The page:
NEW YORK (AdAge.com) -- How far would you go for a job? Would you eat a bug or wash an elephant?
Both those challenges were presented to two contenders for the title of social-media catalyst at golf juggernaut TaylorMade-Adidas. To test the social-media mettle of its two finalists, the company dispensed with round-robin interviews and luncheons and dispatched them on the ultimate job tryout: a 50-day, nine-country golfing trip chronicled on Facebook, Twitter and other sites. Along the way, the contenders must respond to interactive challenges that include everything from creating a viral commercial to participating in user-generated contests -- such as eating a bug or washing an elephant on their most recent stop in Thailand.
May the best blogger win.
"We're not unlike any other company that has really tried to work through this new world of social media. It's a vehicle that we can use to tell our story," said Harry Arnett, VP-brand marketing for Adidas Golf. "But every time we've tried to tell our story online or virally, it just felt way too commercial. We've struggled with being authentic in the social-media space. The more we tried to tell that story, the more unauthentic it seemed."
Adidas actually took the idea from itself. Last year, it sent two employees to Latin and South America to play golf and promote its ClimaProof and ClimaCool apparel and fabric line. This time, the company turned it into a contest, teaming with Yahoo HotJobs to open up a search for two candidates who would participate in a head-to-head showdown wearing the apparel under extreme golfing conditions in exchange for a chance to work at the company. The promotion drew 1.1 million searches and 30,000 resumes.
Ironically, the two contestants -- Steve Olsen and Chris Dukeminier -- are from the agency world. Prior to the adventure, Mr. Olsen worked at Hiebing, a small marketing agency in Madison, Wisc., while Mr. Dukeminier worked at Wieden & Kennedy, Portland, Ore., on the digital media team for the Electronic Arts account. Both resigned their posts before taking on what is perhaps the world's longest job interview.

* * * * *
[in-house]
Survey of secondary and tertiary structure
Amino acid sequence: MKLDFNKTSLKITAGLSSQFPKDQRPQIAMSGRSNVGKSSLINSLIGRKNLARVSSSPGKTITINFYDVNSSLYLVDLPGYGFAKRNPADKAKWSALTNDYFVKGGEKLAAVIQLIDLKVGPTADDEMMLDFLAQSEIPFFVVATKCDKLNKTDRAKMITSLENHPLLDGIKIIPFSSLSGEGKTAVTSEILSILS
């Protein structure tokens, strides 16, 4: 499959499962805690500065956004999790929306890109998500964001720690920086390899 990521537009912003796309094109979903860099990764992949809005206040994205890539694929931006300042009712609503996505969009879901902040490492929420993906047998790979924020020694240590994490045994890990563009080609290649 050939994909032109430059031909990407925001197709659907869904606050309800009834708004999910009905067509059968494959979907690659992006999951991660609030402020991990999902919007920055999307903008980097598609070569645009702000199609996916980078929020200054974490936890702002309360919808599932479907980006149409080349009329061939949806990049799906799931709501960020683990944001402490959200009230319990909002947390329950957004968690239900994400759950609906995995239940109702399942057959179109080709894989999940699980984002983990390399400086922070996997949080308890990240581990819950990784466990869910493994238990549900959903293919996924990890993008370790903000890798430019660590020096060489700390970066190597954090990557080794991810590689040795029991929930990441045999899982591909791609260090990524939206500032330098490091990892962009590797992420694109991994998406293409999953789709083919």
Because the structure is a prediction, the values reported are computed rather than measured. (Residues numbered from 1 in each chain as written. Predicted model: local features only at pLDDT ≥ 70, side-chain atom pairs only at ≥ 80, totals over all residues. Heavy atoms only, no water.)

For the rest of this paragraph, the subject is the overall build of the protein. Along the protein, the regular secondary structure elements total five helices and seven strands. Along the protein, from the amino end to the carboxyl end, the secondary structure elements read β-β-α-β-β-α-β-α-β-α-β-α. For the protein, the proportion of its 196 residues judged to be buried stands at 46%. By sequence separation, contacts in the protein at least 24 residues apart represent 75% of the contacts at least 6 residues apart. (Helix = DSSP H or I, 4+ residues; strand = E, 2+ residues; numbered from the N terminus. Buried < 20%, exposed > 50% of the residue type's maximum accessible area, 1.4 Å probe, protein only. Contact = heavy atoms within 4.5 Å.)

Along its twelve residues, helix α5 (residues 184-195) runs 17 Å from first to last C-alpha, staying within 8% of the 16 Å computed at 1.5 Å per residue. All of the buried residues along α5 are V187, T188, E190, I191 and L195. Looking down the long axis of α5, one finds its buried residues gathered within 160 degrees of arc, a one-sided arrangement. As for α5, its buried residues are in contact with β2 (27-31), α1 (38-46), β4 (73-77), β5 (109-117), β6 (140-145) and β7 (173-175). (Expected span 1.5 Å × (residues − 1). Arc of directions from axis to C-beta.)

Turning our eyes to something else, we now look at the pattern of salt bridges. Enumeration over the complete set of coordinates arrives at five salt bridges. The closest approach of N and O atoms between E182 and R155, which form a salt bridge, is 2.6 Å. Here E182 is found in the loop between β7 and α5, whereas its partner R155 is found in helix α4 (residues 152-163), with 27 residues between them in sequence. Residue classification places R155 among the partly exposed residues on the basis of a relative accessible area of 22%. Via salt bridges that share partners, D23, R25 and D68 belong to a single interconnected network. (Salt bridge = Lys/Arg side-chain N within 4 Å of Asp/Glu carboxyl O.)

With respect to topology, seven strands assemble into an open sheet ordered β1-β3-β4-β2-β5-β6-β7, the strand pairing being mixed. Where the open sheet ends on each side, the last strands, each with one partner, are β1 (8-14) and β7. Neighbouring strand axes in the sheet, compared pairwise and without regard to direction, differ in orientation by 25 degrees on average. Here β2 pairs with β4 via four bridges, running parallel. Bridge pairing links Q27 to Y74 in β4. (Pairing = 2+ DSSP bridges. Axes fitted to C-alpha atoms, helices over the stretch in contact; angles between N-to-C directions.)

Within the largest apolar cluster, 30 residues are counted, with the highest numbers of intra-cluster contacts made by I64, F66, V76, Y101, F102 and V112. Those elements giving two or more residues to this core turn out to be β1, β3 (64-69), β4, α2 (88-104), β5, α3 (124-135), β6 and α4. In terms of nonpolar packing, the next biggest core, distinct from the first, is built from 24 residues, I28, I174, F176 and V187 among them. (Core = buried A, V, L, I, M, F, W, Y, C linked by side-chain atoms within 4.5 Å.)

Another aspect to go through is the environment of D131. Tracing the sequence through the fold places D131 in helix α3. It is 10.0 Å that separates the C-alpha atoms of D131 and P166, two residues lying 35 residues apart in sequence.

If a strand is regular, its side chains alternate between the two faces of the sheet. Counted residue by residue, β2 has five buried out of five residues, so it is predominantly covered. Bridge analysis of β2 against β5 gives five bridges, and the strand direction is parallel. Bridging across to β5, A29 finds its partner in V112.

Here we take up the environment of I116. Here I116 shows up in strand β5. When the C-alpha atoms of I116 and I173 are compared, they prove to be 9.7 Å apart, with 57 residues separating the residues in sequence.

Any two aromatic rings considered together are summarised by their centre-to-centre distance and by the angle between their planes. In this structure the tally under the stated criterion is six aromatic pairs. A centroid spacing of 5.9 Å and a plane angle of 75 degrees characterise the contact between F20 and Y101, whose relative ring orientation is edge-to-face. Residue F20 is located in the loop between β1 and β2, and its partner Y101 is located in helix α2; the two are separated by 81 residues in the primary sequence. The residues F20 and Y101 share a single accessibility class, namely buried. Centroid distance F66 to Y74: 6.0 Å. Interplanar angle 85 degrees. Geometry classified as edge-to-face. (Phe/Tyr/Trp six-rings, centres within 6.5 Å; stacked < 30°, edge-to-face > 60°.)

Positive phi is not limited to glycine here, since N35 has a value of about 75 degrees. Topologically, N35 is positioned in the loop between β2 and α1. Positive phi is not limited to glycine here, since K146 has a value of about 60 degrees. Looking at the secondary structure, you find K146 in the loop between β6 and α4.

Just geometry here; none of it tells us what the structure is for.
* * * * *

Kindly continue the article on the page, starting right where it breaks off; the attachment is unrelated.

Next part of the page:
"There is no question that working for an agency, specifically in digital, helped me land this gig," Mr. Dukeminier said via e-mail from Chanthaburi, Thailand, as he and Mr. Olsen got ready to go to South Korea for the next portion of the contest. A decision is expected Aug. 14, after the contenders return to the U.S., finishing up at Brandon Dunes Golf Course in Oregon.
Both men said they have been pleased with the amount of interaction taking place between advertising and social media.
"That said, I don't see epic TV spots ever going away or losing their effectiveness, but virtually no major brand can get away with doing just that anymore," Mr. Dukeminier said. "Many consumers like to interact with a brand via social media and learn about the brand through that channel as opposed to traditional advertising or marketing. That makes it crucial for brands like Adidas Golf to have a prominent social-media footprint."
Said Mr. Olsen: "Social media is another touch point to reach consumers like print or TV. The difference is that social media is 24/7, changes daily and involves talking 'with' consumers and not 'to' consumers. This is a great space for Adidas Golf. Through my adventures so far, I have learned one amazing thing: the word 'Adidas' is universal. No matter what language, what country, this brand is global, and people are passionate about it."
Mr. Arnett said he didn't think it made the "Wear in the World?" challenge (there is a customized website with this name that both contenders post to) disingenuous considering that with all the applicants, it was two agency creatives undertaking this challenge.
"Because we're actually hiring one of these guys to be our social-media guru, their résumés stuck out as guys who were media savvy," Mr. Arnett said. "That was really one of the biggest challenges -- the way we wanted to use social media and authenticity, we didn't try to necessarily find somebody who worked at an agency, we just wanted guys who were media savvy and could think on their feet and think quickly."
And play good golf.
So far the two men, both with handicaps below 10, have played at the home of golf in Scotland, at the world's northernmost golf course in Norway where the days are currently bathed in 24-hour sunlight, and in 118-degree heat in Dubai, where the challenge was to see which player could play the longest without having to use a golf cart -- which meant walking more than three-and-a-half miles in searing heat over 18 holes.
"Through this social-media realm, I've put myself out there for the world to view and critique through this," Mr. Olsen said. "It's very intimidating, but I am able to see firsthand from the feedback what's working and what isn't. Every tactic or idea I have used to build my social-media presence will translate into other brands I may work on. Hopefully, it's Adidas Golf."
If not, he might still have a shot at "The Amazing Race."